Drinking wine tonight? Should you be worried about sulphites?

Medical science argues that SO2 does not cause most people any problems, but a small number will have a severe allergic reaction

Look at the back label on any bottle of wine and you may be reassured by the lack of any added ingredients. Yet in a fascinating talk at last year’s Ballymaloe LitFest, wine writer Alice Feiring pointed out that there are no less than 70 permitted additives or treatments for wine. The only one that legally must be mentioned is sulphur dioxide, with the statement “contains sulphites”.

Sulphur dioxide (SO2) prevents oxidation in a wine and wards off harmful bacteria. All wines contain small amounts; it is a natural byproduct of fermentation. Most winemakers add further amounts either when crushing grapes or prior to bottling. White wines, which are more prone to oxidation, typically have more than red wines, and sweet wines, which can start refermenting, have the highest levels of all.

Medical science argues that SO2 does not cause most people any problems, but a small number will have a severe allergic reaction, hence the warning. Yet dried fruits typically contain far greater levels of sulphur and none of the bags in my local health-food shop carry any warning. Some argue it causes headaches but there is no evidence for this, although excess alcohol certainly does.

It is impossible to know if a wine is low in sulphur or not. Almost every wine will have natural levels above 10ppm and must carry the warning, including organic wines – SO2 is an organic compound and therefore permitted. So-called natural wines should have lower levels, but you cannot be sure. It is difficult for winemakers to measure levels of SO2 accurately, as some of it binds with other compounds and is harmless. It is only “free” sulphur that causes reactions.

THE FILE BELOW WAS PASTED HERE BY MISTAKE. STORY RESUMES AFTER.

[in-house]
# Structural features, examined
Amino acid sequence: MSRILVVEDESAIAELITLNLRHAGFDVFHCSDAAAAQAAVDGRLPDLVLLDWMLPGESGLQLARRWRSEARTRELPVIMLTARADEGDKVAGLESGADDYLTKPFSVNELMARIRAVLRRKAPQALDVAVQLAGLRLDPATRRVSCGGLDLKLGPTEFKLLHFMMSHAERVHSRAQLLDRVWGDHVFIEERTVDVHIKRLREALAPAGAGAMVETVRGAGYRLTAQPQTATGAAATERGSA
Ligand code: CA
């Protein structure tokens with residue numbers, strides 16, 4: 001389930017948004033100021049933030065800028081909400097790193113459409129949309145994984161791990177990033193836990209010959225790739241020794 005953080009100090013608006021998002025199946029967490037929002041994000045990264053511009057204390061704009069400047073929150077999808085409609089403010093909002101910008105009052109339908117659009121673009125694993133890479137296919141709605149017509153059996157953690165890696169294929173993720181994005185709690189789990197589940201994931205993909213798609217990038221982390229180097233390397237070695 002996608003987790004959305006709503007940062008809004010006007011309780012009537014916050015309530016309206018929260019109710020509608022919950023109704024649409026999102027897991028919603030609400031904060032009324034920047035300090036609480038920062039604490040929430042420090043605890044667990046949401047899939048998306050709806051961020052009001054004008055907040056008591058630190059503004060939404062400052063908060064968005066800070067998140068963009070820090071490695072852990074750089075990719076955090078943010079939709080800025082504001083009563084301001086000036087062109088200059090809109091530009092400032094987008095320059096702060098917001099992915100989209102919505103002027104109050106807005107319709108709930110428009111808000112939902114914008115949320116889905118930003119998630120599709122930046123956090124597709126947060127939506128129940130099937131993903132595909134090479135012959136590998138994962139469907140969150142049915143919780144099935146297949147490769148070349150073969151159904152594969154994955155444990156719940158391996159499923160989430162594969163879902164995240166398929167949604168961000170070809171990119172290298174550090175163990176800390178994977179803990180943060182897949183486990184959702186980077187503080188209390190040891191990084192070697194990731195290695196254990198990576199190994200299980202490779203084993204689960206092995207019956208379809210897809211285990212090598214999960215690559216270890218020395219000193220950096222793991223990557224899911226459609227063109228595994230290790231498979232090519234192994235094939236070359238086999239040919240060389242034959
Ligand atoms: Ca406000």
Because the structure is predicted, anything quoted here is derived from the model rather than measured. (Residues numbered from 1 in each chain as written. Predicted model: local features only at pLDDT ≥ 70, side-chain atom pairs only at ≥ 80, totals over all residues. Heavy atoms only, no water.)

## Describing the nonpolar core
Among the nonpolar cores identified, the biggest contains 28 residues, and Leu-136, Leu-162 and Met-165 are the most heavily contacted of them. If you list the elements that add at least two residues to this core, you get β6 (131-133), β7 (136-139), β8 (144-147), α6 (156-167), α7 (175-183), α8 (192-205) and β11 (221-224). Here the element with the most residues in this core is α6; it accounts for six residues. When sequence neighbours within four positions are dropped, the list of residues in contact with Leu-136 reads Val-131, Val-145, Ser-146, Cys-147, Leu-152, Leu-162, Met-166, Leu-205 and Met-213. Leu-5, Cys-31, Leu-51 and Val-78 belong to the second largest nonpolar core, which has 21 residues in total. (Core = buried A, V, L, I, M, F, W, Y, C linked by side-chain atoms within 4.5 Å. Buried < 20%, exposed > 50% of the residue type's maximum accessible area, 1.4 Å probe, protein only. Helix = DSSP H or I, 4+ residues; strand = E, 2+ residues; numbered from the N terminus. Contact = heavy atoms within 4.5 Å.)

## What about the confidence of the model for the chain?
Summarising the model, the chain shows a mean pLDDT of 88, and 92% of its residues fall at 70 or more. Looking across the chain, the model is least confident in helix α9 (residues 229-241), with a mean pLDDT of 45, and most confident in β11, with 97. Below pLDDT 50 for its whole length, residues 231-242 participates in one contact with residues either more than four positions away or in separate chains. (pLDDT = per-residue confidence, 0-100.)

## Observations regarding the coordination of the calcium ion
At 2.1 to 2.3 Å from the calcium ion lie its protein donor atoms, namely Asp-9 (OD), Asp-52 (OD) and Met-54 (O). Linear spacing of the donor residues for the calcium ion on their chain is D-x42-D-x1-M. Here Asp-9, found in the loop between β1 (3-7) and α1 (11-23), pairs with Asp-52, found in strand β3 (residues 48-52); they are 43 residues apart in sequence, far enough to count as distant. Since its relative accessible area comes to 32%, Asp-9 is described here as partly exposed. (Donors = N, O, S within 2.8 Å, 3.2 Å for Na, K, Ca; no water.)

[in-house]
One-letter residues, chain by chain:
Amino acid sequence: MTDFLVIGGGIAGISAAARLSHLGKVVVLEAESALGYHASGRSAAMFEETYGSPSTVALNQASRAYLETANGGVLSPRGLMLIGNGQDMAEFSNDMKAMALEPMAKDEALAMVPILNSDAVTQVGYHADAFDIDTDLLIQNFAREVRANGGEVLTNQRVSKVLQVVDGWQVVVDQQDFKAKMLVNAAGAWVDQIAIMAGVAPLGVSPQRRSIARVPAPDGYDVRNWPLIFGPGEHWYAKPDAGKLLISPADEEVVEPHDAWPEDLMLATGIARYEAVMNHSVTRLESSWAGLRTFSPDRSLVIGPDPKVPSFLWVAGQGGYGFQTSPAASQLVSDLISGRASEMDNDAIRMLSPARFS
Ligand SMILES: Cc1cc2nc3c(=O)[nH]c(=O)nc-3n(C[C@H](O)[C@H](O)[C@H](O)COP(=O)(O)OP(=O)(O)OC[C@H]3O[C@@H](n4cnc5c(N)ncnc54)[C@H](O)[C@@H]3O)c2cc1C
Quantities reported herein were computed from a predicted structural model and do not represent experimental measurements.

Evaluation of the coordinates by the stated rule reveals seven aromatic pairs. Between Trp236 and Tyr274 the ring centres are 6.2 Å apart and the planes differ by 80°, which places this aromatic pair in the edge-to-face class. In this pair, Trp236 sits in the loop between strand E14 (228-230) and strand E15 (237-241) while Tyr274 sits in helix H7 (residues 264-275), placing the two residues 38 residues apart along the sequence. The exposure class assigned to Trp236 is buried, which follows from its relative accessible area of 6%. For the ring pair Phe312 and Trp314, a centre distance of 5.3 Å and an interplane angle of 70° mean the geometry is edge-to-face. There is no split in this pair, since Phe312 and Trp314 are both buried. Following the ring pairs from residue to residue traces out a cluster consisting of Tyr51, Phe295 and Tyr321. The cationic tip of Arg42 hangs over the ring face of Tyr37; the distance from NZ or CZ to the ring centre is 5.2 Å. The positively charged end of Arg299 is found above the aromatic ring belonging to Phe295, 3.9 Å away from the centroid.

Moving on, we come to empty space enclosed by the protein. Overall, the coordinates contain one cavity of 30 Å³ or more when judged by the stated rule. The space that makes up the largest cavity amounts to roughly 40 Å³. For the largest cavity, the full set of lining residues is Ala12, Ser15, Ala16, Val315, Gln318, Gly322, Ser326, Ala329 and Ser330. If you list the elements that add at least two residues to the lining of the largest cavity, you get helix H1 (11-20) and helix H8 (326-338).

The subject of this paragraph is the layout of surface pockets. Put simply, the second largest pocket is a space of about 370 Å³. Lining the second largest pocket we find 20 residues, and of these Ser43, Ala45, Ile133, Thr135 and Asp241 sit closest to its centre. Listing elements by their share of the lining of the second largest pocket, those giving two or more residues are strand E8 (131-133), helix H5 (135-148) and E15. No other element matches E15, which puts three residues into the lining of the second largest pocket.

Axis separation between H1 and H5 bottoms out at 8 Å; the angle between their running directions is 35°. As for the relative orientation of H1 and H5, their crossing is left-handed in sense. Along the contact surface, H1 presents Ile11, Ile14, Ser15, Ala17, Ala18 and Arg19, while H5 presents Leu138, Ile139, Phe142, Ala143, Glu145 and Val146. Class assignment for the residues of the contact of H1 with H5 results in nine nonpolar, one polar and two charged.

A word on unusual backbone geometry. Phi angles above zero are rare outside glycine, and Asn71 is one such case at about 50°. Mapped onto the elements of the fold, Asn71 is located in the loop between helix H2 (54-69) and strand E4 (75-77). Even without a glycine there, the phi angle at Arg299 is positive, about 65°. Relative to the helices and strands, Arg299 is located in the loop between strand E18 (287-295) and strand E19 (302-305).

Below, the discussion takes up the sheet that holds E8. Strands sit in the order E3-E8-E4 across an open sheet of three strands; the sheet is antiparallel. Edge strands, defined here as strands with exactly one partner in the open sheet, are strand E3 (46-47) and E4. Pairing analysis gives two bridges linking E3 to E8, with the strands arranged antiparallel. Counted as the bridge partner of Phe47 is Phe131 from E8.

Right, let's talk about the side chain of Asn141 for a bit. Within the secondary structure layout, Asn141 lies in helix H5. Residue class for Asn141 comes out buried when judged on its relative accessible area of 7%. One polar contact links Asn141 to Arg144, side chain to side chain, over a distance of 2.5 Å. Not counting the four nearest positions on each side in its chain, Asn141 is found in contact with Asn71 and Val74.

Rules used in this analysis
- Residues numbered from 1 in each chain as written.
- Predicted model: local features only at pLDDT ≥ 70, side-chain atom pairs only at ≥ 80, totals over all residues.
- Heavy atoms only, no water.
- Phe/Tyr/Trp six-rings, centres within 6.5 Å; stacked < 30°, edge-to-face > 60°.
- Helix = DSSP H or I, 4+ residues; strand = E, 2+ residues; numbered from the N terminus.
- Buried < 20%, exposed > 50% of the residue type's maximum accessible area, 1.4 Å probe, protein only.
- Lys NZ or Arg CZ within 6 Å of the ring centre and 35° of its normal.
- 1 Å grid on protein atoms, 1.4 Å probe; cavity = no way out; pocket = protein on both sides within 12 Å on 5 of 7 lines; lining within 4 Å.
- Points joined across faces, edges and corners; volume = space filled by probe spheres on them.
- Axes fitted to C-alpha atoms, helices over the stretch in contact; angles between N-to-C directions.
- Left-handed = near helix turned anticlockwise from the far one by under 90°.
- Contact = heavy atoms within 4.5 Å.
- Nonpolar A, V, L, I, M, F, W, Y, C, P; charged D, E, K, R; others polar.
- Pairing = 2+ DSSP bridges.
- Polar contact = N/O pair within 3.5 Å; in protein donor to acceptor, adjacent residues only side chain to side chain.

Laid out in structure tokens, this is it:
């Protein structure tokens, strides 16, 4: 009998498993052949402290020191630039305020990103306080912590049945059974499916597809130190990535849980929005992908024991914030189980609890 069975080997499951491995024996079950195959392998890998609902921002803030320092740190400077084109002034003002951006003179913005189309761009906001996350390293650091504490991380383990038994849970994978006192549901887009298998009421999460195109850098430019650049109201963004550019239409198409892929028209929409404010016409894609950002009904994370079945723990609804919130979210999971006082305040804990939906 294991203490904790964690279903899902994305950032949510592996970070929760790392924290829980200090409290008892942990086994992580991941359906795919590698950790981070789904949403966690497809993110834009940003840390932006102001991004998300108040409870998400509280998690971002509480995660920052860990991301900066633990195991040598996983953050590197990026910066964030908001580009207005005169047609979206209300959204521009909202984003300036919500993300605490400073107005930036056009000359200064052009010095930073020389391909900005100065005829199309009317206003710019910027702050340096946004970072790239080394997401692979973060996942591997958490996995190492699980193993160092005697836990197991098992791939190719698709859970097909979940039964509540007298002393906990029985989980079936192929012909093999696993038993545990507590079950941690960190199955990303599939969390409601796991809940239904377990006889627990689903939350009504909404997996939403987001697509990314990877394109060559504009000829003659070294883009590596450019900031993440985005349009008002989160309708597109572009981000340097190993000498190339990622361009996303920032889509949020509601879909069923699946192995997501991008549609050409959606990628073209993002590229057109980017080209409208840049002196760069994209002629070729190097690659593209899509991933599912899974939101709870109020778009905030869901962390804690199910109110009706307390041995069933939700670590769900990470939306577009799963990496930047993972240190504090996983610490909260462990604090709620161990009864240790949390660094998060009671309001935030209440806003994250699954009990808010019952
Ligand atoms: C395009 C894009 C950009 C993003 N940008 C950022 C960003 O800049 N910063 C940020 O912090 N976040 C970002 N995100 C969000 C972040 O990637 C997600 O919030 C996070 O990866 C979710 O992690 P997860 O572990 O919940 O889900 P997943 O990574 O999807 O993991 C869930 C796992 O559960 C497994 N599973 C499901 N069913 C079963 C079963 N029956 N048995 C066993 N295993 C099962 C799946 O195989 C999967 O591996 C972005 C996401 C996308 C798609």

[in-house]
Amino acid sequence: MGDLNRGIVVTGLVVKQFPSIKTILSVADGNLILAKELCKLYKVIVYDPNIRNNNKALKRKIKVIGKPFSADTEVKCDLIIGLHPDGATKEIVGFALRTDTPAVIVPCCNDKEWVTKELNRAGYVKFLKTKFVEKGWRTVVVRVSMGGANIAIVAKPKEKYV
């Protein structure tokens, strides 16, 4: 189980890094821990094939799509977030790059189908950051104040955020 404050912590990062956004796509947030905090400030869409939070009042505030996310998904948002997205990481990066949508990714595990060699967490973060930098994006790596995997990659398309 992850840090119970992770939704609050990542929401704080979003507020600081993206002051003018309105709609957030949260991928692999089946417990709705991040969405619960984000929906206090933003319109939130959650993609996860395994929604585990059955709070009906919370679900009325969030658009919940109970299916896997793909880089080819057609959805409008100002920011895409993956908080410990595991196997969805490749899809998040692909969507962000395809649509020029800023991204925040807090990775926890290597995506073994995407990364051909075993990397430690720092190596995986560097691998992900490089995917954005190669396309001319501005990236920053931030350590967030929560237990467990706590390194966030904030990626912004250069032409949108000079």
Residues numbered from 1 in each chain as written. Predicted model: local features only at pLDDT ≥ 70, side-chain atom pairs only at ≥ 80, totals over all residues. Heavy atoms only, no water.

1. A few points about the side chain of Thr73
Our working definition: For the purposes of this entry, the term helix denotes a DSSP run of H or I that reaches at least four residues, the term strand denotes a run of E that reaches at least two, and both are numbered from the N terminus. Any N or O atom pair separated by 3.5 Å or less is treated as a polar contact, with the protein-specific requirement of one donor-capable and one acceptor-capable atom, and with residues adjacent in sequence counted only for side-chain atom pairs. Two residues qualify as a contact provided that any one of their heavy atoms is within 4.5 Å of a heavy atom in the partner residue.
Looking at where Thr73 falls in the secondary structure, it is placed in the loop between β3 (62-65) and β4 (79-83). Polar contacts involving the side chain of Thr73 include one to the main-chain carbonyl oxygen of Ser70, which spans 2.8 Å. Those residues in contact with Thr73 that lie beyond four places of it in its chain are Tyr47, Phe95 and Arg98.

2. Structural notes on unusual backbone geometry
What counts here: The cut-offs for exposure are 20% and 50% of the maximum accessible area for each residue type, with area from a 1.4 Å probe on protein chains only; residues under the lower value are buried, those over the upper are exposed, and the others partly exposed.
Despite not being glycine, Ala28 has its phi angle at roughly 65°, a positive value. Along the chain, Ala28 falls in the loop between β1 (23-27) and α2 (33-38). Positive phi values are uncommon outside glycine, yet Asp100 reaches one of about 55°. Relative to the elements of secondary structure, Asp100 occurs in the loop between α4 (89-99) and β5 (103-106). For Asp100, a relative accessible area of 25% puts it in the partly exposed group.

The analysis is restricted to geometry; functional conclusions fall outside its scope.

Proponents of low sulphur wines argue that it dulls the natural terroir and flavour of a wine. Opponents say it prevents off-flavours and infection. In my experience it is young fruity red wines with good levels of acidity that work best with low sulphur winemaking.

Should we be concerned about sulphur? Probably not. Levels are far lower than in the recent past. Of greater interest are the levels of pesticides and fungicides used in producing grapes.

All of those lovely neatly manicured rows of vines, without a weed in sight, come at a cost. Last year I spoke to three growers whose fathers had died prematurely, due, they believe, to exposure to chemical sprays. All are now farming organically. This has been designated Natural Wine Month by importer Le Caveau. See realwinefair.com for details of events. This week, four low-sulphur wines.